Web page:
People are afraid to question their doctors and use their own critical thinking because of the great esteem doctors are held in and because for the most part their doctors do base their knowledge on medicine that is supported by scientifically credible studies.  But people should question their doctors and use their own critical powers of thinking.  There are a number of reason why.  1.  Doctors and even cancer specialists are dependent upon pharmaceutical companies who have a lot to gain by selling expensive chemotherapy drugs.  2.  Medical schools do not teach alternative methods but are also influenced by studies that are funded by pharmaceutical companies.  3.  Pharmaceutical companies have the big bucks to invest in medical studies that study their own products.  4.  Potential cures that don't cost much will not be studied because there is no money in their promotion and studies cost a lot of money.

Instead of studies, then, a person who wants to know about alternative cures is going to have to rely for the most part on personal testimonies of people who have tried the cure and succeeded in curing themselves.  Personal testimony can be persuasive if is collaborated by many personal testimonies.  We should not be frightened off of personal testimony just because it is not a controlled experiment.  When you put a whole lot of personal testimony together it becomes an informal study.  The control group is already known:  those who are taking chemotherapy and radiation and are dying.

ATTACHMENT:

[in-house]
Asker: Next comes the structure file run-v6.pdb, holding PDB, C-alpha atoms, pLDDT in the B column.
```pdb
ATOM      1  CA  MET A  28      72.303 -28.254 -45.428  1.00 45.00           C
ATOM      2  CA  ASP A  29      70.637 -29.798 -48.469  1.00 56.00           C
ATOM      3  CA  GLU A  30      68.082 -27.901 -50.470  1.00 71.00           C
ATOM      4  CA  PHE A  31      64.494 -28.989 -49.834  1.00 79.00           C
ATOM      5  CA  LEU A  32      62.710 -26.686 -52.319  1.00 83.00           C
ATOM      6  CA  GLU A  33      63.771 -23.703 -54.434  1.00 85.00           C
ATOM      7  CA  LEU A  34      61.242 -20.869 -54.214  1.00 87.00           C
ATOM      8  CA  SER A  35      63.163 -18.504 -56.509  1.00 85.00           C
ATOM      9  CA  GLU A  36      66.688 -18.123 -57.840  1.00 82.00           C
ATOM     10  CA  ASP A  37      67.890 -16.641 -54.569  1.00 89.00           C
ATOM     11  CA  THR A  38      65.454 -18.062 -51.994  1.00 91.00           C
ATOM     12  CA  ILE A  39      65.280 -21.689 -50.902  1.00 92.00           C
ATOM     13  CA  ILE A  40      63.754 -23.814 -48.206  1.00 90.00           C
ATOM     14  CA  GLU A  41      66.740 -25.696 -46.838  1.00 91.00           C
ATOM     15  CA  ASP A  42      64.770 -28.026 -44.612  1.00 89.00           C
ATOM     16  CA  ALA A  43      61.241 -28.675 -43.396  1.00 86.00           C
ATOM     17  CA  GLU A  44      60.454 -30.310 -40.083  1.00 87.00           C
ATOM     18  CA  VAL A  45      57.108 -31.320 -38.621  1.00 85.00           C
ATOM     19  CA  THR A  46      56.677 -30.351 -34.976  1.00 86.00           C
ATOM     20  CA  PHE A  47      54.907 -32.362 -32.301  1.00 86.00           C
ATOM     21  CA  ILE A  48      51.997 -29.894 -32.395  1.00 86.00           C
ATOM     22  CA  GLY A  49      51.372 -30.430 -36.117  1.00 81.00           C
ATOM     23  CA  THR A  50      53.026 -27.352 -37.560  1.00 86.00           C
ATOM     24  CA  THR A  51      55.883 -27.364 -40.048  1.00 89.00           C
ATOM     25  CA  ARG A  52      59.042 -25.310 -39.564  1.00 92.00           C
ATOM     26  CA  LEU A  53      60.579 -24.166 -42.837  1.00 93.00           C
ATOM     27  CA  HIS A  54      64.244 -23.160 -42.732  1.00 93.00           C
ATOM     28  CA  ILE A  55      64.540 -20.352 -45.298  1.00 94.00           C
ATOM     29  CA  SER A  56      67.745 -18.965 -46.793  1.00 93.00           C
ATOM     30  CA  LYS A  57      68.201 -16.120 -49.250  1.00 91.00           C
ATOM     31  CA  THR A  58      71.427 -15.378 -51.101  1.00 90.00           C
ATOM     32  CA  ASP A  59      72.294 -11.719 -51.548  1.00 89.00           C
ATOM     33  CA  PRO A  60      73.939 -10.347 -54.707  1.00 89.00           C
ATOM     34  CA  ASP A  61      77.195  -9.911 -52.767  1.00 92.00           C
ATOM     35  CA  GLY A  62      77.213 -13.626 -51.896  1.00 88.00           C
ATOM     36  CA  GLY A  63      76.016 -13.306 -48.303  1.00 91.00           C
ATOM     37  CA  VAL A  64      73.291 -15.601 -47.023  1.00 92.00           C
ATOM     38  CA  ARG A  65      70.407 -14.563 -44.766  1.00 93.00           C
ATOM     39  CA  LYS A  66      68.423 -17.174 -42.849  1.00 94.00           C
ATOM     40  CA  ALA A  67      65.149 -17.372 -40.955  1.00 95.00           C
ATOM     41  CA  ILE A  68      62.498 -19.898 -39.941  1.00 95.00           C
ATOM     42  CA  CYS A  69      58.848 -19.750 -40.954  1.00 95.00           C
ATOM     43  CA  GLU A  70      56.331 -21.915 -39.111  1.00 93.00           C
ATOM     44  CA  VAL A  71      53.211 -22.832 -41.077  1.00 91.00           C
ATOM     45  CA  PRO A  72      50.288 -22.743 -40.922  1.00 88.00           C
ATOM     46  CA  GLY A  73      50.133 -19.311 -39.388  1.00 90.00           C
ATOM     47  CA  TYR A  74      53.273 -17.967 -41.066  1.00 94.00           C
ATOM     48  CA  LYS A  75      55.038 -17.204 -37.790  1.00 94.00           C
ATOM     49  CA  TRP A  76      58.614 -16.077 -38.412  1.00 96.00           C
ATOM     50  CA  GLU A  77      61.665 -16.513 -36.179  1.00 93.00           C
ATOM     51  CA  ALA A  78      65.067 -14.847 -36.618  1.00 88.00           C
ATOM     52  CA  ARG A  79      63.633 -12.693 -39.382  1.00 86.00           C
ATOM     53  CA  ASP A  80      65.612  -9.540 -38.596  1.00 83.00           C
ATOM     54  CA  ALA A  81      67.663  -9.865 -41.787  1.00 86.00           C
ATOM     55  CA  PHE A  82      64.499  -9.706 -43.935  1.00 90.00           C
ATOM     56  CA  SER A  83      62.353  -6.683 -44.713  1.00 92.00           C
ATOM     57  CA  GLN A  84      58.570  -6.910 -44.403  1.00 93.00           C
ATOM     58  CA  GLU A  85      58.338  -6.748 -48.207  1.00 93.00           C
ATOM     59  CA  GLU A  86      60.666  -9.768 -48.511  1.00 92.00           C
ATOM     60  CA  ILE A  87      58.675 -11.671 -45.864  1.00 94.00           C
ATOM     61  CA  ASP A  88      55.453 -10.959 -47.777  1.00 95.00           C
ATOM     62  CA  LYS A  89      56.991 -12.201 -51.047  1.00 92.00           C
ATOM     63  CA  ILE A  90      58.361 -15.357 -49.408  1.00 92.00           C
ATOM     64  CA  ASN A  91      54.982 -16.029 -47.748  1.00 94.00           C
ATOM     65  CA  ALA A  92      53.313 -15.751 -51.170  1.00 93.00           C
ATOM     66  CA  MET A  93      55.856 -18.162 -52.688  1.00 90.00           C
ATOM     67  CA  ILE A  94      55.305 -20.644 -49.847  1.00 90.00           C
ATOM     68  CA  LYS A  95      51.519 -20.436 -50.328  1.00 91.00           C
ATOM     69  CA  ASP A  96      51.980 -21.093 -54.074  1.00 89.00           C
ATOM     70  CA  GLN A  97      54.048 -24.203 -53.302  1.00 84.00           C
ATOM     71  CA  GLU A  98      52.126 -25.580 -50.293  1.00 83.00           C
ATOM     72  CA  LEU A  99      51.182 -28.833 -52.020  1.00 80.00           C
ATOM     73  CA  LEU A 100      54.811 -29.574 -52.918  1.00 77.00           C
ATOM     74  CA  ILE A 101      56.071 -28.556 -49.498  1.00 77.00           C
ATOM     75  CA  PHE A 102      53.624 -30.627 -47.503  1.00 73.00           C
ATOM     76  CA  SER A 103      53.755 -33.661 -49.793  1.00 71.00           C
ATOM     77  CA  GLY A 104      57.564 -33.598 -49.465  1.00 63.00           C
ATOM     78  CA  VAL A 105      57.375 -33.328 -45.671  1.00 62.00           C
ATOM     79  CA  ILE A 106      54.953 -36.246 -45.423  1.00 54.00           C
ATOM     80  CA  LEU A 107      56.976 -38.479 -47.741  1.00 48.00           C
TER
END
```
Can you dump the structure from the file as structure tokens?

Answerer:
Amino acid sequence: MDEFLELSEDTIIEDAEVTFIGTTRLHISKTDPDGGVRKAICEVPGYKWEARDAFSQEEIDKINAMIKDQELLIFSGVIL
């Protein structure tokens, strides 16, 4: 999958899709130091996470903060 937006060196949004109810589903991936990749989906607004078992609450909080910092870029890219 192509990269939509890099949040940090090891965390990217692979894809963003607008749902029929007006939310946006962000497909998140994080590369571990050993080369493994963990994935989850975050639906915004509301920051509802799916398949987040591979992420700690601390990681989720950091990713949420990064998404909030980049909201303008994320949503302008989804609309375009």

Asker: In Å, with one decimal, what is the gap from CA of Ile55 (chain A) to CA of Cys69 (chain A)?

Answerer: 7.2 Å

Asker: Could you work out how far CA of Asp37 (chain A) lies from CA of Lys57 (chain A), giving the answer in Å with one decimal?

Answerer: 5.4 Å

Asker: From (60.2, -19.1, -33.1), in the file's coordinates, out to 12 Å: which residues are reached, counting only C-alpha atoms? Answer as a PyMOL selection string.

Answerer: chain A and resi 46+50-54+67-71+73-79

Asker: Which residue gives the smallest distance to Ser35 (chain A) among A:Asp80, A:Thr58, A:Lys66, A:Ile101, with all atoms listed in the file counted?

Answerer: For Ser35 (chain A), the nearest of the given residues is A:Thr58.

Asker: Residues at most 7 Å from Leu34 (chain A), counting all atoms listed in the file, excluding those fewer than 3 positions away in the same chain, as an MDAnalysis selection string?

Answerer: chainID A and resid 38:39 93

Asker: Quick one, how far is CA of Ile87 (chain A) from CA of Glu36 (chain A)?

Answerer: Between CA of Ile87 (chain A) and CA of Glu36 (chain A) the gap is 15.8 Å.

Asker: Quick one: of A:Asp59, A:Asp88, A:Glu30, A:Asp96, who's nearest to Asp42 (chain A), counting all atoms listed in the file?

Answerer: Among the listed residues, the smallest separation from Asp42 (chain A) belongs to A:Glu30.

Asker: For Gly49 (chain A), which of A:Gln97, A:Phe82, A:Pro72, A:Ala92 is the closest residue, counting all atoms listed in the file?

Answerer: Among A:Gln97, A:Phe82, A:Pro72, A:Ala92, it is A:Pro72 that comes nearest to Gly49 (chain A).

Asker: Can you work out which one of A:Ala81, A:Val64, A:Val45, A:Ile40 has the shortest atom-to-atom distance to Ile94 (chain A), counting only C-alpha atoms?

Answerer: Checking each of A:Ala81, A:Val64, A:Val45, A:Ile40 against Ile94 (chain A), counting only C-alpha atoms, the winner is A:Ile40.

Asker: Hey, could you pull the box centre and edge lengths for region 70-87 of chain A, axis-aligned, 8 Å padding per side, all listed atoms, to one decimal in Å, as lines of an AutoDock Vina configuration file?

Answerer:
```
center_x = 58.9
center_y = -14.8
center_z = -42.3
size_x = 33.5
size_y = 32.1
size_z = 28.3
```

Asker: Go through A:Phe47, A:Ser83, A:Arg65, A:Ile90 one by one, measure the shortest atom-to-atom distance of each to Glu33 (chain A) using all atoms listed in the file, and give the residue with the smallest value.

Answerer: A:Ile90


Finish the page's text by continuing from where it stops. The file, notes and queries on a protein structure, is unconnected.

The most widely hailed cure and preventative for cancer is the Budwig Diet.  It is a great pity that Steve Jobs did not discover this cure.  It is not only cheap and simple it cures within 6 weeks.  The cure rate is said to be 90%.  And when I say "cure" I mean that the cancer is gone.  One can learn about the Budwig Diet from the Budwig Center (http://www.budwigcenter.com/).  Their site hosts many examples of personal testimony of people who have been healed of cancer because of the diet.  The diet is simple:  it consists of flax seed oil and cottage cheese or kefir.  Just blend the two together, add some cinnamon and sweetener and eat it once a day.  Flax seed oil is an omega 3 the cells need to be healthy and fight cancer and cottage cheese or kefir gets it into the cells.  It is also inexpensive.  I take this daily as a preventative measure and it costs me about $25 every two weeks.  It not only tastes good it makes you feel good and supports your immune system. 

The second most widely considered support for the fight against cancer is found in Transfer Point's Beta 1.3D Glucan which can be found here (http://www.transferpoint.com/).  Although they cannot say it cures cancer because of the FDA's crackdown on such claims, they host many credible studies that hail its ability to build the immune system and fight cancer the natural way.  It too is cheap.  You can buy a bottle that lasts a month for $40 and some people use this as a preventative too.  In any case it is going to keep your immune system functioning in top form.  If you were to put these two together and eat a healthy diet you would have the best chance of winning the fight against cancer.